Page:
Although not yet recognized in the DSM-V, Sensory processing Disorder can be identified and categorized by a occupational therapist with advanced training in sensory processing and integration. Of primary importance is linking sensory impairments to challenges in functioning at home or school.
Identification usually begins with screening, which is basically a professional’s search for red flags that indicate enough differences in development to warrant a more comprehensive assessment. Screening may take place at school, in your doctor's office, or at a private practice clinic. Wherever it occurs, you are likely to be asked to fill out one or more parent checklists and a developmental history to supplement the observations of the evaluators.
If differences exist that are sufficient to warrant further assessment, evaluation will follow. An evaluation for SPD involves standardized testing, detailed clinical observations, and parent-report measures. If a multi-disciplinary team is involved, the evaluative process may also include a general health and physical evaluation, speech/language evaluation, psychological evaluation, and possibly referral to medical or other specialists if a specific problem area is identified.
A standardized assessment allows comparison of a child’s functioning to a normative sample. These assessment procedures are particularly helpful when qualifying a child for services, obtaining a baseline of current functioning, determining strengths and weaknesses and establishing an initial treatment plan. Currently there is no gold standard assessment tool for diagnosing all 6 subtypes of Sensory Processing Disorder. There are many evaluation tools available that can provide enough information about a child’s sensory and motor development in order to make a determination of SPD. The most commonly used assessments include:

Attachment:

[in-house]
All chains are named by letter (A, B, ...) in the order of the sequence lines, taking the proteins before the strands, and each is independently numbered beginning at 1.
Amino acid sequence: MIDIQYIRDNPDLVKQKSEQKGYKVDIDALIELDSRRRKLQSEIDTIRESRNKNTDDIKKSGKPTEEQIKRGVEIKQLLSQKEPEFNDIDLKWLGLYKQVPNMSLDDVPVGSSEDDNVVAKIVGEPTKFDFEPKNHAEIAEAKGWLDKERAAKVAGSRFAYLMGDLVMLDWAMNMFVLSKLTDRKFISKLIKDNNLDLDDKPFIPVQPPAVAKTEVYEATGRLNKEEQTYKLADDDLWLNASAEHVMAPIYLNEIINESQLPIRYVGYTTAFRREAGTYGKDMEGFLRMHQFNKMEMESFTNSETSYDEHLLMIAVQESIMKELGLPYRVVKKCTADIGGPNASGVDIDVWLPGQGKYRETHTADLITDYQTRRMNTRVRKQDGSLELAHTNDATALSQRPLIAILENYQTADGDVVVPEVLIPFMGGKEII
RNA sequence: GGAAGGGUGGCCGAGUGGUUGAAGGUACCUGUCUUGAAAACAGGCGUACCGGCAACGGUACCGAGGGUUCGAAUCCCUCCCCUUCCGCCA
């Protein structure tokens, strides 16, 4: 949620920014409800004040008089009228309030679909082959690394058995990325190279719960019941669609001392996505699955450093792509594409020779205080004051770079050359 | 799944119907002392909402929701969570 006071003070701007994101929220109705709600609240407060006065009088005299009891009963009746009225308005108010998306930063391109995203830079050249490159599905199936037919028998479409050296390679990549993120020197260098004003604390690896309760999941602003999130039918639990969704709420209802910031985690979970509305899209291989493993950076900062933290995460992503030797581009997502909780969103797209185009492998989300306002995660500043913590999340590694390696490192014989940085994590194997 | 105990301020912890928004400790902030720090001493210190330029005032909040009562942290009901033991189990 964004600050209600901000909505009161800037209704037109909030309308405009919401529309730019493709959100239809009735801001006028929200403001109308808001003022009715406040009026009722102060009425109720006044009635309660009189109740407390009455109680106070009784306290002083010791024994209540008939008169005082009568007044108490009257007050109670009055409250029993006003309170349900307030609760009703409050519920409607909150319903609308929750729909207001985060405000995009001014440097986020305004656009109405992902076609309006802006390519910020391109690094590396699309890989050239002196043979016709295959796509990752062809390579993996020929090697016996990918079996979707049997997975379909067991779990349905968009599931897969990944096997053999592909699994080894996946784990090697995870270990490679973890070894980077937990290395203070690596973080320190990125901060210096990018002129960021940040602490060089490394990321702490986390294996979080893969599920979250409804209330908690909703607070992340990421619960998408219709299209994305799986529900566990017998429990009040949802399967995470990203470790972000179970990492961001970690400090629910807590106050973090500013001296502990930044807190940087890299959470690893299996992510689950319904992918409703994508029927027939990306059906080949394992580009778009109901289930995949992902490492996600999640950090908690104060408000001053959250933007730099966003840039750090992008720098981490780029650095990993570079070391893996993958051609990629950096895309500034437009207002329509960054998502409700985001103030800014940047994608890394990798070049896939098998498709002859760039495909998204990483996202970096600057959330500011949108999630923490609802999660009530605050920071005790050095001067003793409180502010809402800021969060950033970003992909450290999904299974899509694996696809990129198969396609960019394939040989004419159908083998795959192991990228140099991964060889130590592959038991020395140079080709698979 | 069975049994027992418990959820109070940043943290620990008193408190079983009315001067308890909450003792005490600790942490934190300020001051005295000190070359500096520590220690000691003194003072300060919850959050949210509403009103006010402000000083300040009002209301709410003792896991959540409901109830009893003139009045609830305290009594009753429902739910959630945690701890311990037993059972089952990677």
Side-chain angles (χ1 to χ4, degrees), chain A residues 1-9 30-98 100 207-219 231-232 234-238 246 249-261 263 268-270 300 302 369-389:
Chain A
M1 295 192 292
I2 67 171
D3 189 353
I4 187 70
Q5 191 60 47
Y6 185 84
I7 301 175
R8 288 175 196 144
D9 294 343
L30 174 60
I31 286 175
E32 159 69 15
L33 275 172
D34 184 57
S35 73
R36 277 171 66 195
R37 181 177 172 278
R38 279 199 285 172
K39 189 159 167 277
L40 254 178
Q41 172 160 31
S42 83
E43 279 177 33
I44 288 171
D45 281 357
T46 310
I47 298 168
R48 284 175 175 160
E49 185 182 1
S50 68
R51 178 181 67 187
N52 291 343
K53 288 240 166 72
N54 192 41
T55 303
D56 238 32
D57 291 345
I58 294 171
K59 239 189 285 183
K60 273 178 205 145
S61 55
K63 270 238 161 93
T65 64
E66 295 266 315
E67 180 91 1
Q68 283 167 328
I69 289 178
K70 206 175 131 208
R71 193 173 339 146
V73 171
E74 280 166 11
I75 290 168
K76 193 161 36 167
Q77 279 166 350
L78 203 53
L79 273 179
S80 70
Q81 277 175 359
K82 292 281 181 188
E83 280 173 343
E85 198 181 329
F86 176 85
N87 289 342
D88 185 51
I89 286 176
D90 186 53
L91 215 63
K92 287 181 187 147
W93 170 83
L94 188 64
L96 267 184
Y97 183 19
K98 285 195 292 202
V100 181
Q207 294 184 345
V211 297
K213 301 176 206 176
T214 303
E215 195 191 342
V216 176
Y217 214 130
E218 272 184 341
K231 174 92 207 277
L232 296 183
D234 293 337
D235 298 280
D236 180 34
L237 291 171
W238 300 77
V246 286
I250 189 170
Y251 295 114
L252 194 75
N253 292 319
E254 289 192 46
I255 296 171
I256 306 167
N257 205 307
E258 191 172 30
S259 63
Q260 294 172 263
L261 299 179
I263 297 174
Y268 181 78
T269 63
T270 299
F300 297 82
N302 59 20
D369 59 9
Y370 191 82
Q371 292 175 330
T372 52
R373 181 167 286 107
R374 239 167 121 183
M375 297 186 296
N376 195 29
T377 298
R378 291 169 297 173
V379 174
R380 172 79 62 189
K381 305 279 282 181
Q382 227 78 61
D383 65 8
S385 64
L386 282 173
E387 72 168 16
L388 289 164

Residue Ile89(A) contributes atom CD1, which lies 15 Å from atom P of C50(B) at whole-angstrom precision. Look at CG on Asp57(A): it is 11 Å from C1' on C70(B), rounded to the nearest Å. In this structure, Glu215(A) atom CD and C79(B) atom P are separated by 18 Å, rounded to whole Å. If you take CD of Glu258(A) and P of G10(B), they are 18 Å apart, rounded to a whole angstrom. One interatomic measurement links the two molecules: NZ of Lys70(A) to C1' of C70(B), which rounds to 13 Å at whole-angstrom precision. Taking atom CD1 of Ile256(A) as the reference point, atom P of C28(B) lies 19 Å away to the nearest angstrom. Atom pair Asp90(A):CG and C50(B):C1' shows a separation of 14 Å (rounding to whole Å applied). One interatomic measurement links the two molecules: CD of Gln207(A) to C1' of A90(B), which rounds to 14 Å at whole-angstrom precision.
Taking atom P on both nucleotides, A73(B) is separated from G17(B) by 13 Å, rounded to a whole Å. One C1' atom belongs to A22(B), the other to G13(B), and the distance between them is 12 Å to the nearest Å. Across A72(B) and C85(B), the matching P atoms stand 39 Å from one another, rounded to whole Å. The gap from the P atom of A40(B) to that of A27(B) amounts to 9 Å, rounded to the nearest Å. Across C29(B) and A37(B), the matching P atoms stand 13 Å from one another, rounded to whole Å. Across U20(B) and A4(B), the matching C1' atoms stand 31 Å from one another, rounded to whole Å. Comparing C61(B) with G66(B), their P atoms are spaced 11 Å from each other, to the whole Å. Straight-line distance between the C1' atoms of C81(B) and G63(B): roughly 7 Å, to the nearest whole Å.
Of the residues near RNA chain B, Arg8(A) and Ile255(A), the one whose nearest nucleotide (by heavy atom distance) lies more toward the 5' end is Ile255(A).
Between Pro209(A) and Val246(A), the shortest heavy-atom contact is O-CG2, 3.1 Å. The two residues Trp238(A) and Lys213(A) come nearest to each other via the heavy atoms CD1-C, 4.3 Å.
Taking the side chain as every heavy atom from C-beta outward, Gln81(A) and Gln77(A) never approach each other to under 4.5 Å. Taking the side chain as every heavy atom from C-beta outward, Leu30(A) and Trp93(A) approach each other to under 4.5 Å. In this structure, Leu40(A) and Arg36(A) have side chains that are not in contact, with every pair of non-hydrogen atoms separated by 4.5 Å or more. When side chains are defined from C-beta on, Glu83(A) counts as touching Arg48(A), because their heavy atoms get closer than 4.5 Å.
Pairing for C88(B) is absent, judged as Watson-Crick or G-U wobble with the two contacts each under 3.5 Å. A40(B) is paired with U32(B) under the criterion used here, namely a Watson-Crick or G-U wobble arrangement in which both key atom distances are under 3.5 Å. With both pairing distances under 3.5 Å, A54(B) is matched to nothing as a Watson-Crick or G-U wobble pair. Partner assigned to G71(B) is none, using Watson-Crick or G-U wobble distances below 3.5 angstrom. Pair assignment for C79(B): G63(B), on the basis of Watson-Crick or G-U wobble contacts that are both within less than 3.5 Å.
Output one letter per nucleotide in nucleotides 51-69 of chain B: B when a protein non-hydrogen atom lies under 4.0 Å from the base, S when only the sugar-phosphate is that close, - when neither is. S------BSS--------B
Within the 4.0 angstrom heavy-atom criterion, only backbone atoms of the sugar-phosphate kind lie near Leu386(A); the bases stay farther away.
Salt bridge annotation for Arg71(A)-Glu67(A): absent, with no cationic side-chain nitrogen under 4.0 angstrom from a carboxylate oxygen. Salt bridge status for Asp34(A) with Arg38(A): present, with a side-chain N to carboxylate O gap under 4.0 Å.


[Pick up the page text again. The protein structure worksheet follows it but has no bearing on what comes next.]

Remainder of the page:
Other standardized tools are used to supplement the evaluation of sensory and motor processing for children with language challenges or difficulties in social-emotional functioning.
The Sensory Profile, Short Sensory Profile and /or Sensory Processing Measure are screening that are often completed by parents or teachers. These scales are report measures and therefore should not be considered a complete assessment; they only screen for indications that a comprehensive evaluation is needed.
In addition to standardized assessment, all OT evaluations should included detailed observations in a clinical setting to determine strengths and weaknesses in a more ‘real-life’ situation. Sensory modulation challenges (e.g. responsivity to sensory experiences) can also be observed that may be impacting participation in daily life activities and routines. Most also include a thorough interview with parents and/or teachers.
The arguments for early diagnosis are strong, but don't worry if you are the parent of an older child or an adult! A correct diagnosis of SPD fosters understanding at any age, even in adulthood, and many elementary school children, adolescents, and adults benefit from occupational or other therapy after diagnosis later in life.
For more information about treatment, please visit STAR Center, colocated with the SPD Foundation